The UPA Government’s ‘policy paralysis’ is on the whole both real and perceived. However, even if the regime suddenly acquired fresh energy and began acting purposefully, it would be some time before the perception of drift was wiped out from the public imagination. This is particularly so where media shapes the tone and tenor of the chattering class discourse.
Mercifully for Sonia Gandhi and Manmohan Singh, it is not merely the Government that is at the receiving end of what market analysts call ‘sentiment’. For the past three years, even as the reputation of the UPA has taken a battering, the BJP has also been pilloried for failing to set its own house in order. The transformation of the ‘party with a difference’ into a ‘party with differences’ may be a caricature, but it has also become conventional wisdom.
Given the fact that the media thrives on stereotypes, caricatures and uninformed superficialities, it was not very surprising that the bite brigade that descended on Mumbai last week for the BJP National Executive was looking for reaffirmations of set conclusions. Factional feuds make for interesting TV and lazy copy, and the BJP, it had already been decided, was in a permanent state of civil war. Consequently, when the Narendra Modi-Nitin Gadkari spat over Sanjay Joshi was settled amid a show of bonhomie on Day One, the search went on for something that would bolster a ready-made script centred on a formula. Policy issues and strategies, after all, need a measure of understanding and are difficult for excitable reporters to communicate coherently. And so it was that Day Two saw an overdose of ‘sexed up’ stories on the ‘unhappiness’ of LK Advani and Sushma Swaraj’s ‘boycott’ of the public meeting where Modi had the star billing. The net conclusion: the BJP was still at war with itself.
That everyone in the BJP is not on the same page is a truism. No political party in India, not even the CPI(M), possesses an army where every member of the officer corps think alike. This is democratic normalcy, and it is only in India that the media projects the ideal of politics crafted on the North Korean model.
These may be the reasons why the media missed the dual significance of the BJP’s Mumbai session. It failed to detect the emergence of two very distinct currents that, in turn, are tantamount to a major course correction.
First, the BJP has implicitly recognised that an all-powerful, over-bearing party centre is not viable. It has belatedly dawned on the BJP leadership that the party cannot progress unless it acknowledges and institutionalises the role of strong state parties with strong leaders. The return of Modi to the National Executive meetings after a long gap, the behind-the-scenes parleys that led to BS Yeddyurappa making a symbolic appearance on Day Two and the acknowledgment of Vasundhara Raje’s leadership in the Rajasthan were momentous developments.
If the trend towards a more federal BJP is allowed to proceed, it is certain to address the problem of factionalism too. What had clearly been apparent since 2004 has been the existence of groups and coteries in the States that draw sustenance from individuals in the national leadership. These factions have invariably been at loggerheads with the State leadership. A greater involvement of State leaders in decision-making at the national level has the potential of choking the lifeline of those who waged local battles with ammunition from Delhi. Had the BJP embraced federalism earlier, the problems associated with Karnataka, Rajasthan and Bihar may not have assumed alarming proportions.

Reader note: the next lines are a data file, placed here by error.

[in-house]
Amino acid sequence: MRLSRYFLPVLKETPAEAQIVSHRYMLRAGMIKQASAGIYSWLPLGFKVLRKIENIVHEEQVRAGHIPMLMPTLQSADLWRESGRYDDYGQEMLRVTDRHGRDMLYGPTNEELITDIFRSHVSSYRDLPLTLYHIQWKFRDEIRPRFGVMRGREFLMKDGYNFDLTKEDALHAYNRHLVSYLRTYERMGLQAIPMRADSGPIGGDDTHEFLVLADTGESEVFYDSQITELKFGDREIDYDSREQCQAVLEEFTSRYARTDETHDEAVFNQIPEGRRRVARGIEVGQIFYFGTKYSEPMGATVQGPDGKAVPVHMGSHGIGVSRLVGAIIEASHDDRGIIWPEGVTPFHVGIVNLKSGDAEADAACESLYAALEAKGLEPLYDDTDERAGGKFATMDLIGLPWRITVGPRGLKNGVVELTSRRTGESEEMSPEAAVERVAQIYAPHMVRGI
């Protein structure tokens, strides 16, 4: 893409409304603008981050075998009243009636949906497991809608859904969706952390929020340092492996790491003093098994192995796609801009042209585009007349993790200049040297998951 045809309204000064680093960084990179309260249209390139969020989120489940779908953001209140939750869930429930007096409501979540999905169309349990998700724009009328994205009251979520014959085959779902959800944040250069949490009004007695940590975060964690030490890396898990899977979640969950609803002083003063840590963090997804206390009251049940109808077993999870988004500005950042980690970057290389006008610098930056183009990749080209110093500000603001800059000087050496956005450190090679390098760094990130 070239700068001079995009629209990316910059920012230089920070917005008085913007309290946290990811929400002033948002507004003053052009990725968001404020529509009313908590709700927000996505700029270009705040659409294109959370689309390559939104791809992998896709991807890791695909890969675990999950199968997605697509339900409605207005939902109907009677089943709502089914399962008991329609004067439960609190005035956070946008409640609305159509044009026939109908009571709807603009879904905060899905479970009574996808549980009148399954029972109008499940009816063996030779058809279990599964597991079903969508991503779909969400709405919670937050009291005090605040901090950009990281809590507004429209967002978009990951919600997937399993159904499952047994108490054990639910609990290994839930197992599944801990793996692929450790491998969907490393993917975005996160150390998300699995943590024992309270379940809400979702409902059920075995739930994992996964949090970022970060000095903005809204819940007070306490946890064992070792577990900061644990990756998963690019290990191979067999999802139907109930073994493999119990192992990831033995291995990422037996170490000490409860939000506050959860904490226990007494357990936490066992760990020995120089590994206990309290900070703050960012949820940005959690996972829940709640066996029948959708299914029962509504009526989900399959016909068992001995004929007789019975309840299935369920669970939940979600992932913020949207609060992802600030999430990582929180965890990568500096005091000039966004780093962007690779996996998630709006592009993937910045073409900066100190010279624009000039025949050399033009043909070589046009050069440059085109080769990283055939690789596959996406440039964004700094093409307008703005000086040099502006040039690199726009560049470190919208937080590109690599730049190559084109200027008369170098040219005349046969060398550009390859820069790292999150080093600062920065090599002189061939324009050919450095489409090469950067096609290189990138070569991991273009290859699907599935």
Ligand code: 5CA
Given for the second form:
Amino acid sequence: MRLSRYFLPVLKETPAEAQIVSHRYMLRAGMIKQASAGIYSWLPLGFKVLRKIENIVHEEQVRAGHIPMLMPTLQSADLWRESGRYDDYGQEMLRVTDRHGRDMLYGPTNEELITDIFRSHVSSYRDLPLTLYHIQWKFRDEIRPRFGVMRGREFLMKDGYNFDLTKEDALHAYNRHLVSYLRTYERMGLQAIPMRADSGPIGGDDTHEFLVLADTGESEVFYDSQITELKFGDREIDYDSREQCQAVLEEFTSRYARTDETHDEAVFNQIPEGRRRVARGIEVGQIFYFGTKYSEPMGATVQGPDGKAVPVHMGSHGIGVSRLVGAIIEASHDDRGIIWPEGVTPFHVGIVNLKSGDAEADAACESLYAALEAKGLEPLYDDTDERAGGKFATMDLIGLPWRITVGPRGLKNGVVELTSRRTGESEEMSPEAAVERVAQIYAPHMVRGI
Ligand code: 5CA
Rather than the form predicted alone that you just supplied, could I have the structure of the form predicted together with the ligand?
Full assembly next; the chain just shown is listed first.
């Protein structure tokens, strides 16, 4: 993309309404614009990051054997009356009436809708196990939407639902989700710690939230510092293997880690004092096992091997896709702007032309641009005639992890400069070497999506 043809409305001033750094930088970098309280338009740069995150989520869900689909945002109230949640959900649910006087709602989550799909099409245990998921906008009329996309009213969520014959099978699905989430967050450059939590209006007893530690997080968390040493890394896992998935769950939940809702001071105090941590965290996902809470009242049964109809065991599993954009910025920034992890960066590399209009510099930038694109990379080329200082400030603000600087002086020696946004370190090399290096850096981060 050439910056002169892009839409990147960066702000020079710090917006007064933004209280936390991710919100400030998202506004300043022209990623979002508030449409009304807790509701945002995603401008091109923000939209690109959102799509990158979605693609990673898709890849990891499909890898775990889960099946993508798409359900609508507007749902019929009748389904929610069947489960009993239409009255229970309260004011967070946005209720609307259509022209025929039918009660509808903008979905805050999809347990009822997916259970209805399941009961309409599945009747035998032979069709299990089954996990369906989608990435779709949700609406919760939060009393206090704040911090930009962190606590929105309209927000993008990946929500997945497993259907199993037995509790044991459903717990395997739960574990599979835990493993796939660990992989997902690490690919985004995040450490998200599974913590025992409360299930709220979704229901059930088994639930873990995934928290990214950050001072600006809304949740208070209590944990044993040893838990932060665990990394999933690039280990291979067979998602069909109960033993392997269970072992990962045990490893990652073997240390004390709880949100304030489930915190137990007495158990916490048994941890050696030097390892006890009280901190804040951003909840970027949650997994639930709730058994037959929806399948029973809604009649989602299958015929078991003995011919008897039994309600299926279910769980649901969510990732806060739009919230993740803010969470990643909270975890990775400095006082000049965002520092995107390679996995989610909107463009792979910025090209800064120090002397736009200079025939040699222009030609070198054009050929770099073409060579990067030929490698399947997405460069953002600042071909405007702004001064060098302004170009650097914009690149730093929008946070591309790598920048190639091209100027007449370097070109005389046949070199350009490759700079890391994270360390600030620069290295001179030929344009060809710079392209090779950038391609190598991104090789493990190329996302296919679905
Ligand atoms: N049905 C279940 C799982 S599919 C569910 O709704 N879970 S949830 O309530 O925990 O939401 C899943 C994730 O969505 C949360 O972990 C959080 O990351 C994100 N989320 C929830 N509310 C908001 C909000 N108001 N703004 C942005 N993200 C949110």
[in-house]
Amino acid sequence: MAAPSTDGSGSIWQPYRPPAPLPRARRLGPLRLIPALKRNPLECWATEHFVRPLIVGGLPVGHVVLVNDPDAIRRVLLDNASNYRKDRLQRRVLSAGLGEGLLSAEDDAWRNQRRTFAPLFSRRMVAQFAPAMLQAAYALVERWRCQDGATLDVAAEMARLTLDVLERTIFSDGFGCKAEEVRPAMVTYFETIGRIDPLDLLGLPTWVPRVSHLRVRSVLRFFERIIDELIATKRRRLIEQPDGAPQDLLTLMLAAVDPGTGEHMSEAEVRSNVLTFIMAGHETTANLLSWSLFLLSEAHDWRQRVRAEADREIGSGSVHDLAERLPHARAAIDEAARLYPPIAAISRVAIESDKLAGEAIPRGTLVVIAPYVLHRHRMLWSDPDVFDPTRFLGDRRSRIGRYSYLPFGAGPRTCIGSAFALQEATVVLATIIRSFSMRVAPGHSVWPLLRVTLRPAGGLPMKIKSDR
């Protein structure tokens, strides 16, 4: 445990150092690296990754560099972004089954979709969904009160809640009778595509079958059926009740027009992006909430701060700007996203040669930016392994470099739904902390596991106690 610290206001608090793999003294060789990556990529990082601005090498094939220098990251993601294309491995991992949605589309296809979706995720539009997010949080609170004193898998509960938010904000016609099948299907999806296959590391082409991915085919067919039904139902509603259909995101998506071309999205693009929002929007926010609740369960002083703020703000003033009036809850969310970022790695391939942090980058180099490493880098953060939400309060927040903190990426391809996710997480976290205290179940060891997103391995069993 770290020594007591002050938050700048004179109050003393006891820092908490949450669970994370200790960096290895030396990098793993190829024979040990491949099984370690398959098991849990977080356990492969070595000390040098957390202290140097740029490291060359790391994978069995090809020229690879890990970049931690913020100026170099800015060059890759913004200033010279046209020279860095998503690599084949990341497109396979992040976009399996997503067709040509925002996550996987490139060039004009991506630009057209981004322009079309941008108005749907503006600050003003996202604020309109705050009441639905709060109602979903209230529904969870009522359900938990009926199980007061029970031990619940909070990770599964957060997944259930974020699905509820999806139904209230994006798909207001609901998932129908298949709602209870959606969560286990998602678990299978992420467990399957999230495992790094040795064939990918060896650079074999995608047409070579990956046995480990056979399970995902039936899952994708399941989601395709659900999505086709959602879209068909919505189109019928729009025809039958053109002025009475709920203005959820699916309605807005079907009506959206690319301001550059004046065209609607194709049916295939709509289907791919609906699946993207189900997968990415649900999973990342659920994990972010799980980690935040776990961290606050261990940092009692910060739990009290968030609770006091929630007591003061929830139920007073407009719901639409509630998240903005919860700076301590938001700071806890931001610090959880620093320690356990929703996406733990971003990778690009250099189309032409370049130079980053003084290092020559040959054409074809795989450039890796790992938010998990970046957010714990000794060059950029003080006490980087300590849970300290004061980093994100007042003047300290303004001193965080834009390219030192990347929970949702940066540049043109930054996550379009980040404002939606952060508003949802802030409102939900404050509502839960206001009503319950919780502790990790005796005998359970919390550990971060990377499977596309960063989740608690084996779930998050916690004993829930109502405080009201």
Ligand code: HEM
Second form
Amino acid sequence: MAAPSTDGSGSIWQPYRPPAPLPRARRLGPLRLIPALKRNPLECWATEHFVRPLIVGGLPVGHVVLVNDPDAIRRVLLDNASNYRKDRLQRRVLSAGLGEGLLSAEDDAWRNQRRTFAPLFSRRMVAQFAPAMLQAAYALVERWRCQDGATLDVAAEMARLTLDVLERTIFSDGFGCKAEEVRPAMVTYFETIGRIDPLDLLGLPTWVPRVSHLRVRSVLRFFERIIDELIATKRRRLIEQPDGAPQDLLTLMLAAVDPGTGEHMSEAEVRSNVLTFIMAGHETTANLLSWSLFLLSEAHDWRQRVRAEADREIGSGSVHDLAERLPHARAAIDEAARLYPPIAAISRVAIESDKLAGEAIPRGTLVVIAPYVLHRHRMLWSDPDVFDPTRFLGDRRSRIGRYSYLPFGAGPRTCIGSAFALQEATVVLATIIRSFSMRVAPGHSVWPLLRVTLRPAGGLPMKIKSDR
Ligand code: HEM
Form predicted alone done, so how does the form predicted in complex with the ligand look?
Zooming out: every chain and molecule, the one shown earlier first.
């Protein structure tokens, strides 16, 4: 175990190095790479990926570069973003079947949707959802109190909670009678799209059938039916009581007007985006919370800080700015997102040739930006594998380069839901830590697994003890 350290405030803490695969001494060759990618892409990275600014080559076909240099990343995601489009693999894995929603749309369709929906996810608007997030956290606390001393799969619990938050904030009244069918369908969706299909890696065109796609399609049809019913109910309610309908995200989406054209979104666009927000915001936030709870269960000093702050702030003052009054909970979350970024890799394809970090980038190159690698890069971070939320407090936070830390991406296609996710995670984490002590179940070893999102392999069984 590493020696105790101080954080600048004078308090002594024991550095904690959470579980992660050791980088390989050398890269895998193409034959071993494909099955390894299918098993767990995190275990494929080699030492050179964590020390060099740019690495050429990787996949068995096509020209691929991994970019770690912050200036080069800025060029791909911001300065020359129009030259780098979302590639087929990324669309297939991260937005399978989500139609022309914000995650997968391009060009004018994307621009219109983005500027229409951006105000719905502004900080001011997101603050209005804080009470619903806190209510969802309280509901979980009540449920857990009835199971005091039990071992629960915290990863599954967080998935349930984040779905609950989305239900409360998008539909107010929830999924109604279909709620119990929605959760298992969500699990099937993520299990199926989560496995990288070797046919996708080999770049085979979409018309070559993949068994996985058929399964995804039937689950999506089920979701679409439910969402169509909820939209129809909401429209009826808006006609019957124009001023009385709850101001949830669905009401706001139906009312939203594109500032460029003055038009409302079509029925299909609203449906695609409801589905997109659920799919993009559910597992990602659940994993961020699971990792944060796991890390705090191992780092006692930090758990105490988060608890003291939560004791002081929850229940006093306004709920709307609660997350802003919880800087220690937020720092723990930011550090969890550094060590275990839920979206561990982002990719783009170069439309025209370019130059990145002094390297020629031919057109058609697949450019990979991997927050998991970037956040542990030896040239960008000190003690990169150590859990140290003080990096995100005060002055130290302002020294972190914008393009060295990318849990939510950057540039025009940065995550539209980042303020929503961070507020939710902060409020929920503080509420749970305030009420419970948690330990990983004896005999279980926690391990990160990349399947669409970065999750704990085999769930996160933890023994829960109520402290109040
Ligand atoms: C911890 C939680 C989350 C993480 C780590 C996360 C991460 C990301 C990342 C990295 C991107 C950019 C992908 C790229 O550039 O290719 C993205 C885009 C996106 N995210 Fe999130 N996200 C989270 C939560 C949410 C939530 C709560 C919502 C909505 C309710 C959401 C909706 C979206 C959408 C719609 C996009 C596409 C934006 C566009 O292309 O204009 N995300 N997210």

Secondly, and as a corollary to the growing importance of State leaders, is the clear emergence of Narendra Modi as the proverbial first among equals. The exceptional status of the Gujarat Chief Minister — the third person to secure that exalted position after Atal Behari Vajpayee and LK Advani — didn’t stem from any formal resolution or even from any informal conclave of the worthies. It was by acclaim and as a consequence of pressure from the grassroots. From the enthusiastic response of the party’s political workers at the public meeting in Mumbai, it was clear that only Modi has the ability to both inspire and enthuse the faithful.
In a possible journey to the top of the political ladder, he has cleared the first big hurdle. He has, for all practical purposes, secured the endorsement of all the major stakeholders of the BJP.
Yet, it is still too early to say whether Mumbai was the prelude to Modi being anointed the BJP’s prime ministerial candidate for 2014. Any formal decision has to await the outcome of the Gujarat Assembly elections in December, consultations with allies and the overall flow of politics. Recall that Vajpayee was chosen the BJP’s prime ministerial candidate barely eight months before the 1996 polls. For the moment, and for good or bad, the BJP has honed in on a leader and a structure of politics—significant steps that matter more than the discordant notes the media was hell bent on discovering.
I wonder how today’s media would have covered the Calcutta session of the Congress in 1920? Would it have focussed on Gandhi’s emergence as the new symbol of nationalism? Or would it have honed in on the ‘sulk’ of the Tilak-ites and followers of CR Das?
Sunday Pioneer, May 27, 2012